God speaks—but how? Philosophers and theologians have attempted various answers to this question for dozens of centuries, and their rhetoric has sharpened dramatically in the wake of nineteenth century liberalism. Herman Bavinck offers a Reformed perspective on divine revelation in The Philosophy of Revelation, which incorporates the content of his Stone Lectures at Princeton Theological Seminary during the academic year of 1908–1909. These lectures were first published under the direction of Geerhardus Vos and B. B. Warfield, and have profoundly influenced the Reformed understanding of divine revelation during the twentieth century.
Bavinck evaluates divine revelation in light of various philosophical schools of thought contemporary to his own time and still influential in ours—such as naturalism, pragmatism, and nihilism. He defends the credibility of theism and the tenability of divine revelation against these philosophical trends, even before the influence of nineteenth century intellectual giants had begun to wane: the naturalism of Charles Darwin, the pragmatism of William James, and the nihilism of Frederick Nietzsche. Bavinck’s experience with liberalism during his time as a student at the University of Leiden also makes him well-equipped to counter skepticism about divine revelation, mystery, and supernatural events.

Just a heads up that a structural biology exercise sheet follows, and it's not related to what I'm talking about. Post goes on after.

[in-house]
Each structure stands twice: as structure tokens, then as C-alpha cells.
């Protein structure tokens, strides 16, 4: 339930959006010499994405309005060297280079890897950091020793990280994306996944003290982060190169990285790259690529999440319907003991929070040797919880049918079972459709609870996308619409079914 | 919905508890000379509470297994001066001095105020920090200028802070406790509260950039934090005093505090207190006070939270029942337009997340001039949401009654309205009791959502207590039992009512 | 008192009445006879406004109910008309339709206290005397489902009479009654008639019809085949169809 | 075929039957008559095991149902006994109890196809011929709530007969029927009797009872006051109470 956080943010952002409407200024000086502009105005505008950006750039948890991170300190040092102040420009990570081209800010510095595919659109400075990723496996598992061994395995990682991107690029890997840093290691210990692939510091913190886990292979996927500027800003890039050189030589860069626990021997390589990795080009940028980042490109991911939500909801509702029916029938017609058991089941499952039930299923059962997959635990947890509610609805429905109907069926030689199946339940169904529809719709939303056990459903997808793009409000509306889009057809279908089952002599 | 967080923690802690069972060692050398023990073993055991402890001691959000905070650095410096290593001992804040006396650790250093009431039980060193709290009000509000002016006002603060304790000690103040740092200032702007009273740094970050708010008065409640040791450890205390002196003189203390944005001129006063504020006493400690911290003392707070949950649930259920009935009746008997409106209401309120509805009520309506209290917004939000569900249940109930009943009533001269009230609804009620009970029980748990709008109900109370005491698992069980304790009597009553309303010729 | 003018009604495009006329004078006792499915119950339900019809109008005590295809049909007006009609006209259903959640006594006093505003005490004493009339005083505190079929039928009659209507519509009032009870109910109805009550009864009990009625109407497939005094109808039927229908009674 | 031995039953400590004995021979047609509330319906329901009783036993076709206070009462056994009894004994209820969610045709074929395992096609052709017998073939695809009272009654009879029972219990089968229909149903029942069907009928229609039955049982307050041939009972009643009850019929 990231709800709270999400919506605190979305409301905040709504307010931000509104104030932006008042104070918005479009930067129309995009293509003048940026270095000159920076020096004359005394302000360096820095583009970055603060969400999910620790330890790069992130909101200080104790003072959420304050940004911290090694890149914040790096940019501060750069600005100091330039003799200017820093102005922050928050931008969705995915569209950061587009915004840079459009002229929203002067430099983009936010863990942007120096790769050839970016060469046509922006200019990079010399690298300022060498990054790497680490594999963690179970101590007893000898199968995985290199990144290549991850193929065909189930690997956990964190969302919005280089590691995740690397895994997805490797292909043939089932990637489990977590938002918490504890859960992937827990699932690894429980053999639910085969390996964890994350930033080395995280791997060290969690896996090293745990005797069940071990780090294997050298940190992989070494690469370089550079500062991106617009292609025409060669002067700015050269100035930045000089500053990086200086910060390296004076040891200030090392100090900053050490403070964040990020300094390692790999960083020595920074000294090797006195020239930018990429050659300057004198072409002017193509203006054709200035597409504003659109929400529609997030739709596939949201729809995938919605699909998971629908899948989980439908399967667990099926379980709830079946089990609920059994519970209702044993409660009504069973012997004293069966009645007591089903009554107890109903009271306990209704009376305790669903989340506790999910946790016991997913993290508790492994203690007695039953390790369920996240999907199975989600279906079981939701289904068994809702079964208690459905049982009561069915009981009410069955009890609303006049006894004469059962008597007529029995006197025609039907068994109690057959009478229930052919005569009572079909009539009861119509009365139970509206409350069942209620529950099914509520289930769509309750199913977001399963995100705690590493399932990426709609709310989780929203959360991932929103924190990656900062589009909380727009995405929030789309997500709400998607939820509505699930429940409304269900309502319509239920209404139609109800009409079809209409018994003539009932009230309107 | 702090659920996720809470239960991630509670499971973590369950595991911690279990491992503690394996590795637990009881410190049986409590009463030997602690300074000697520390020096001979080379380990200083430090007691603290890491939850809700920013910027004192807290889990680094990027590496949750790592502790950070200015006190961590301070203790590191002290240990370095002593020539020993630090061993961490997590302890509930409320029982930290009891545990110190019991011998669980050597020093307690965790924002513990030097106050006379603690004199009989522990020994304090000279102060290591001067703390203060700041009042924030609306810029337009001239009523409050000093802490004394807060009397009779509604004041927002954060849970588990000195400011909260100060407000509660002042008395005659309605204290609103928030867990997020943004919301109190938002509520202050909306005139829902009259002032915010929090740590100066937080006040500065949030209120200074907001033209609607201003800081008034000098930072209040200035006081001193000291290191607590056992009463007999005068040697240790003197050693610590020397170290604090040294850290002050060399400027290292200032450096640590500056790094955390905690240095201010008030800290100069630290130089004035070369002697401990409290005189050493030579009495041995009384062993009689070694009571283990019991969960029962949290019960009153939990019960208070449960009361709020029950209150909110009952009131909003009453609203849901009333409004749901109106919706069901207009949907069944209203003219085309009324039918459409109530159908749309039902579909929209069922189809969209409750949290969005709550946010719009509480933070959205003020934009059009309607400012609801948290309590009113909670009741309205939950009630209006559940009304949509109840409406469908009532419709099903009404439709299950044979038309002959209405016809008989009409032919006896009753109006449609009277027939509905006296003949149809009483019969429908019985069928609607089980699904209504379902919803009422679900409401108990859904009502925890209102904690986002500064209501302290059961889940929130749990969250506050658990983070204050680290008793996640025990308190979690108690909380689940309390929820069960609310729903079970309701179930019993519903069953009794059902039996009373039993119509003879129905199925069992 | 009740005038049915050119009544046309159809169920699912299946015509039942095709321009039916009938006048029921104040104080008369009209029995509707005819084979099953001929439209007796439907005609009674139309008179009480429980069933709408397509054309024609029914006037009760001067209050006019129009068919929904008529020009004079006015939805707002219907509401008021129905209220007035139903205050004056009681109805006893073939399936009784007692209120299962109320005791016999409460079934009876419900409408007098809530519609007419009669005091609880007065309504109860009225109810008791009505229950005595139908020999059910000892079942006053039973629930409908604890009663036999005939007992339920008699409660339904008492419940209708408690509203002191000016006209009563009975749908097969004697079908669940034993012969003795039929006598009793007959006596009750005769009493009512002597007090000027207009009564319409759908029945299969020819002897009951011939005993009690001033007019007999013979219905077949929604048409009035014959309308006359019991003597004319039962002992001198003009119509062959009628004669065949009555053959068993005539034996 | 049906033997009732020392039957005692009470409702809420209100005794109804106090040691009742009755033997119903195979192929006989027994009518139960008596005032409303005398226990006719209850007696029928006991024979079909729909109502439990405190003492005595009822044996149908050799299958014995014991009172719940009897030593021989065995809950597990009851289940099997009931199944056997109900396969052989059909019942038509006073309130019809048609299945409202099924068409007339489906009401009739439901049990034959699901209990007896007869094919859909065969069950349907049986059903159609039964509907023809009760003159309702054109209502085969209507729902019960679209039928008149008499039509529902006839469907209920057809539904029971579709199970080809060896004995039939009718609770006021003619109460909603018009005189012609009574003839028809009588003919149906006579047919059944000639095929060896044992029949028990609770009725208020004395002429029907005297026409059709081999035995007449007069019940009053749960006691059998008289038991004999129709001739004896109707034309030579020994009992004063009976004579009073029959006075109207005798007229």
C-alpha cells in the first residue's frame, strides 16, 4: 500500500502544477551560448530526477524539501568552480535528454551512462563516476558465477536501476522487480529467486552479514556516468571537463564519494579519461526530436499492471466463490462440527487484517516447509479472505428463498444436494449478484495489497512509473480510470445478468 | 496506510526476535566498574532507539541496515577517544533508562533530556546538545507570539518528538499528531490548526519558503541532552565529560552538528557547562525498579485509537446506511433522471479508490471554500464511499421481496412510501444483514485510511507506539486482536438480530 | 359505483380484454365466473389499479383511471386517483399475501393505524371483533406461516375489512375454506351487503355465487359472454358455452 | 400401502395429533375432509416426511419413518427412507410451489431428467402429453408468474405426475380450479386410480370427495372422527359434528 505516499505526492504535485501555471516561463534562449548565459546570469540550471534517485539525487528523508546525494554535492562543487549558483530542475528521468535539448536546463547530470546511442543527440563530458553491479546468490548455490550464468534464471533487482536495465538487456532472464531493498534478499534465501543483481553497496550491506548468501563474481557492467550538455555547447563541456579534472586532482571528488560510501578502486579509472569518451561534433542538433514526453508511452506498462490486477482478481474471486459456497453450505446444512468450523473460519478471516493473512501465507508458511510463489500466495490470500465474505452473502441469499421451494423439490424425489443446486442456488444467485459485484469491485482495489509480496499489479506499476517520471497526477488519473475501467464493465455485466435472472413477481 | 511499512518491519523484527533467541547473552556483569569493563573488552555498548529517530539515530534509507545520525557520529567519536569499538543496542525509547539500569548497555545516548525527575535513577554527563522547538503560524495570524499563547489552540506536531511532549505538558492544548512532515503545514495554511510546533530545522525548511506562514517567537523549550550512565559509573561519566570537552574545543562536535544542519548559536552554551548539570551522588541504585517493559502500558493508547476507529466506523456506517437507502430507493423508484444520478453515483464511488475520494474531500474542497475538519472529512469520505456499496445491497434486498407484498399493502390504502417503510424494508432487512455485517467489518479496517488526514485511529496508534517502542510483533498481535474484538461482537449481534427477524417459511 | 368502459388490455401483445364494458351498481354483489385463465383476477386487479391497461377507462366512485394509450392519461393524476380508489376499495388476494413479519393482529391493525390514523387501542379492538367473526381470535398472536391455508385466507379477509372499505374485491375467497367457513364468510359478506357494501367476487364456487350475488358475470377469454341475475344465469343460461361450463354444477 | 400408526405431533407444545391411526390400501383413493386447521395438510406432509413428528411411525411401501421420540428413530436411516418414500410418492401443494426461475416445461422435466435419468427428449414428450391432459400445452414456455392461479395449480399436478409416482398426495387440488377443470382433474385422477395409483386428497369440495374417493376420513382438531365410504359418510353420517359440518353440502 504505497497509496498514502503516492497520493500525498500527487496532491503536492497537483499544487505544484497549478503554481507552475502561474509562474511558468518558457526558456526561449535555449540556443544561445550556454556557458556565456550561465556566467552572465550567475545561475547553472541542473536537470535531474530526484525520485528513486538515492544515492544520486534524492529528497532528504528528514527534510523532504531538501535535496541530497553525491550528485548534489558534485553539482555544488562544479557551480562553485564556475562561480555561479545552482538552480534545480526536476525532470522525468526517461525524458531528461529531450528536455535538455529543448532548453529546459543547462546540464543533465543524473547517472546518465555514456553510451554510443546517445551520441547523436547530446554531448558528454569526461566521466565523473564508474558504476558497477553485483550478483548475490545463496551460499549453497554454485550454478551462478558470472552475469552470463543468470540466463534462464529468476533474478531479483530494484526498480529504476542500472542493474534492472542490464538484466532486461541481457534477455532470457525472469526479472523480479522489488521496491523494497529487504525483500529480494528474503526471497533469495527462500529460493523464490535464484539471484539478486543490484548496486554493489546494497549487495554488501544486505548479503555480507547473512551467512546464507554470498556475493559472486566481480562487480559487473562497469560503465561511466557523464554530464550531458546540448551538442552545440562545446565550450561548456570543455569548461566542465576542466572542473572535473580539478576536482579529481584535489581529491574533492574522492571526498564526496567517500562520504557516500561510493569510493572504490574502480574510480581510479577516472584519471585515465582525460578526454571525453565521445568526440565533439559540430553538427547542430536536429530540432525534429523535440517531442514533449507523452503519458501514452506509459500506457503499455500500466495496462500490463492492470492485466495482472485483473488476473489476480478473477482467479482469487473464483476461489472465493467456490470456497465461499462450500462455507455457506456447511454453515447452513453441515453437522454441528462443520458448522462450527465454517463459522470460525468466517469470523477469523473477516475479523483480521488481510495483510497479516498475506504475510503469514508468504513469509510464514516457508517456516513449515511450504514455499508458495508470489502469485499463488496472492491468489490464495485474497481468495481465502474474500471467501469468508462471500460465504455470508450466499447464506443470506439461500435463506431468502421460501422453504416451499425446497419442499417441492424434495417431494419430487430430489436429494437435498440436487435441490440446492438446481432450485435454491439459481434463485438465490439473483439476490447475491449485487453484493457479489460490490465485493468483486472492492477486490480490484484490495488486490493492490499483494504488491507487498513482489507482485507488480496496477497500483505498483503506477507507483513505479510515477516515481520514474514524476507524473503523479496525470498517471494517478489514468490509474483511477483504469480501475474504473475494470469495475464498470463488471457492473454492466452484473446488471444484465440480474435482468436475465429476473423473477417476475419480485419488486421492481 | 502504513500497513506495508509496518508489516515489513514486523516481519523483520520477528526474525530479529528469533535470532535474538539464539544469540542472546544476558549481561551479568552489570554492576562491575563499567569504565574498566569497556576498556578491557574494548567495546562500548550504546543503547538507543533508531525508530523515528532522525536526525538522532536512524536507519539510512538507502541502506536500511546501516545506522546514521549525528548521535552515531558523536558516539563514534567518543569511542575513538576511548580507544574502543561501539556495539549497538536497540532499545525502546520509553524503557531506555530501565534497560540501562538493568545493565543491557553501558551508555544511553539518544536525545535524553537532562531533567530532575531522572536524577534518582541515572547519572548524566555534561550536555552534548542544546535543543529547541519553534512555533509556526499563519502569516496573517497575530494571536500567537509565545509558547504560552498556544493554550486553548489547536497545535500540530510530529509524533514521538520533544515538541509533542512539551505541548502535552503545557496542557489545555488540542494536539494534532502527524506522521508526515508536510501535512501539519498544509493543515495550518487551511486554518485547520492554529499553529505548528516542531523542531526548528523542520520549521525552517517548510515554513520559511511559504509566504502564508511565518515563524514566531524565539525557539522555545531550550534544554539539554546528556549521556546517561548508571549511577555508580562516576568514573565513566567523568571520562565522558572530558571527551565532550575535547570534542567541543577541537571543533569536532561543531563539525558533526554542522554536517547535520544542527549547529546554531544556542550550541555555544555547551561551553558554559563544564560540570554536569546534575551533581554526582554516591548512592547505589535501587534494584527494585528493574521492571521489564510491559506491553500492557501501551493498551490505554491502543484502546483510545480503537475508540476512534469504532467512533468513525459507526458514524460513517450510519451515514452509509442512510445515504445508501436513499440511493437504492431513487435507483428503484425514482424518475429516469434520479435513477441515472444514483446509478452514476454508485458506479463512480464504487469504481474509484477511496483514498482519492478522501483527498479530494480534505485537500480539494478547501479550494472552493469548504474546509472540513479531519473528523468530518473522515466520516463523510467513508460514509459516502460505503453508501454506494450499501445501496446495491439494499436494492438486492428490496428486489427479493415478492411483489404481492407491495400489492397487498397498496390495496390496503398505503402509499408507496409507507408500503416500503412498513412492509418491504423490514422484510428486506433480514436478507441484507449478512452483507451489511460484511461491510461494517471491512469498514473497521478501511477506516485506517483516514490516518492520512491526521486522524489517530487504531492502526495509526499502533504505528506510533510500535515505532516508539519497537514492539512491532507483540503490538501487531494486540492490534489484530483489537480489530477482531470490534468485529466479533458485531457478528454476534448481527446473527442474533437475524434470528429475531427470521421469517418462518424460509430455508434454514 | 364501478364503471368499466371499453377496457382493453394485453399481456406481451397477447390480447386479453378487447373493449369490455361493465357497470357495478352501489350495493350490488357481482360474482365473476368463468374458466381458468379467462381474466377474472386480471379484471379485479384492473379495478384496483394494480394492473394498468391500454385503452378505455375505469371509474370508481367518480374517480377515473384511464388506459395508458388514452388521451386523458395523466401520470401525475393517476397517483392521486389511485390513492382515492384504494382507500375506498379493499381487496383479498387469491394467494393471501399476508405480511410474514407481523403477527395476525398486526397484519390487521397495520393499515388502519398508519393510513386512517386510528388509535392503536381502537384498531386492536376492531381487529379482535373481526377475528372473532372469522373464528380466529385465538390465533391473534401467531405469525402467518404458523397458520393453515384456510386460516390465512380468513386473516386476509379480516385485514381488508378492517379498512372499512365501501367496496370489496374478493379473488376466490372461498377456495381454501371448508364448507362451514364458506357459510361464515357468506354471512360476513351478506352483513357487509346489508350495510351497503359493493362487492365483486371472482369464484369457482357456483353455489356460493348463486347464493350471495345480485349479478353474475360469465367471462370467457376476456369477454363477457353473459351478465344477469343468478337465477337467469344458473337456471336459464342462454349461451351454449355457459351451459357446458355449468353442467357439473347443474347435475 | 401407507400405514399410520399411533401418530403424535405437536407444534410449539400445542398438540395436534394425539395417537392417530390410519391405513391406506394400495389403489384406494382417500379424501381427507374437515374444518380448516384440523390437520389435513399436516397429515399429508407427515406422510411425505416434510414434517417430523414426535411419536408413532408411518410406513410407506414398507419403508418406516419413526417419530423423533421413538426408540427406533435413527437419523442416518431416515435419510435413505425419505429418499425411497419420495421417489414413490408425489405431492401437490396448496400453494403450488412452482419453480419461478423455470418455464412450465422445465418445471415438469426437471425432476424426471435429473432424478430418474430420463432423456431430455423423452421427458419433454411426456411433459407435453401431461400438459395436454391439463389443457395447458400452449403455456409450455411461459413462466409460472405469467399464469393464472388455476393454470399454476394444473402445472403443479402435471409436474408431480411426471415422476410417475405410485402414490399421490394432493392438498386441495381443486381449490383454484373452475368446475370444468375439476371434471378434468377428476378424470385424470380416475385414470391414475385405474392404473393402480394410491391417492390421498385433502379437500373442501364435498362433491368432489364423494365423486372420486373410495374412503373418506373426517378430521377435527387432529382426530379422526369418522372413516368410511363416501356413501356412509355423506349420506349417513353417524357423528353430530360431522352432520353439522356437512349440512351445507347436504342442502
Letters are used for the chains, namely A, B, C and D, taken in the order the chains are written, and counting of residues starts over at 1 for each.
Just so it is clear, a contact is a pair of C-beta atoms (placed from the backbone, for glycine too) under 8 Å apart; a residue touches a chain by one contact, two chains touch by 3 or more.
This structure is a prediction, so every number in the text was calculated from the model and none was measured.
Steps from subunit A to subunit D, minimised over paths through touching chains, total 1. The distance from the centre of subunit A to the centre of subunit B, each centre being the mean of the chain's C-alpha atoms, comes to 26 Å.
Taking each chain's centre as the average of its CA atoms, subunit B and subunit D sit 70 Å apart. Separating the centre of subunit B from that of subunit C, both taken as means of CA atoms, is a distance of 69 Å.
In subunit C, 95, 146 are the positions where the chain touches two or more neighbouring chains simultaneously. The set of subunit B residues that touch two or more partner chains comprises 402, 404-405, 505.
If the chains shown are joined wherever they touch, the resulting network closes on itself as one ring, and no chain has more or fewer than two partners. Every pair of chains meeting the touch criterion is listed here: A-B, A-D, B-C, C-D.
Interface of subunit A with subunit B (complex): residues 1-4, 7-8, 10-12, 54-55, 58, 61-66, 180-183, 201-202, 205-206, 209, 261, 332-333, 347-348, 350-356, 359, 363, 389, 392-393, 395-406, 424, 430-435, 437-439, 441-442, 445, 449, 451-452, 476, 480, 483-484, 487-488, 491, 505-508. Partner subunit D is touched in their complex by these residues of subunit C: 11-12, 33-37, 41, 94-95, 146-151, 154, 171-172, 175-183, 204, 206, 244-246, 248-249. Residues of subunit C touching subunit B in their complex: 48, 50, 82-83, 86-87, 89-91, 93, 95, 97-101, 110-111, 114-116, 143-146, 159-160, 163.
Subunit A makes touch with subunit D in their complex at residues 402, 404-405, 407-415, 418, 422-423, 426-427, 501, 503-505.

In The Philosophy of Revelation, Bavinck shows that religion in general and Christianity in particular allows individuals to know certain truth through the phenomenon of divine revelation. Bavinck’s classic work constitutes an important addition to the libraries of philosophers, pastors, and theologians—especially Reformed theologians.
- Title: The Philosophy of Revelation
- Author: Herman Bavinck
- Publisher: Longmans & Green
- Publication Date: 1909
- Pages: 371
About Herman Bavinck
Herman Bavinck was born in 1854 in the Netherlands. He studied at Kampen Theological Seminary and the University of Leiden, and graduated in 1880. Bavinck returned to Kampen in 1881 as the newly-appointed Professor of Dogmatics. In 1902, Bavinck moved to Amsterdam to teach at the Free University, and was also appointed to the parliament in the Netherlands.
Along with Abraham Kuyper, Bavinck figured prominently in the nineteenth century Dutch Calvinist revival and contributed to the resurgence of Reformed theology. He was a prolific writer, and published numerous books and articles. His most well-known publications include his 4-volume Reformed Dogmatics and The Philosophy of Revelation.
Herman Bavinck died in 1921.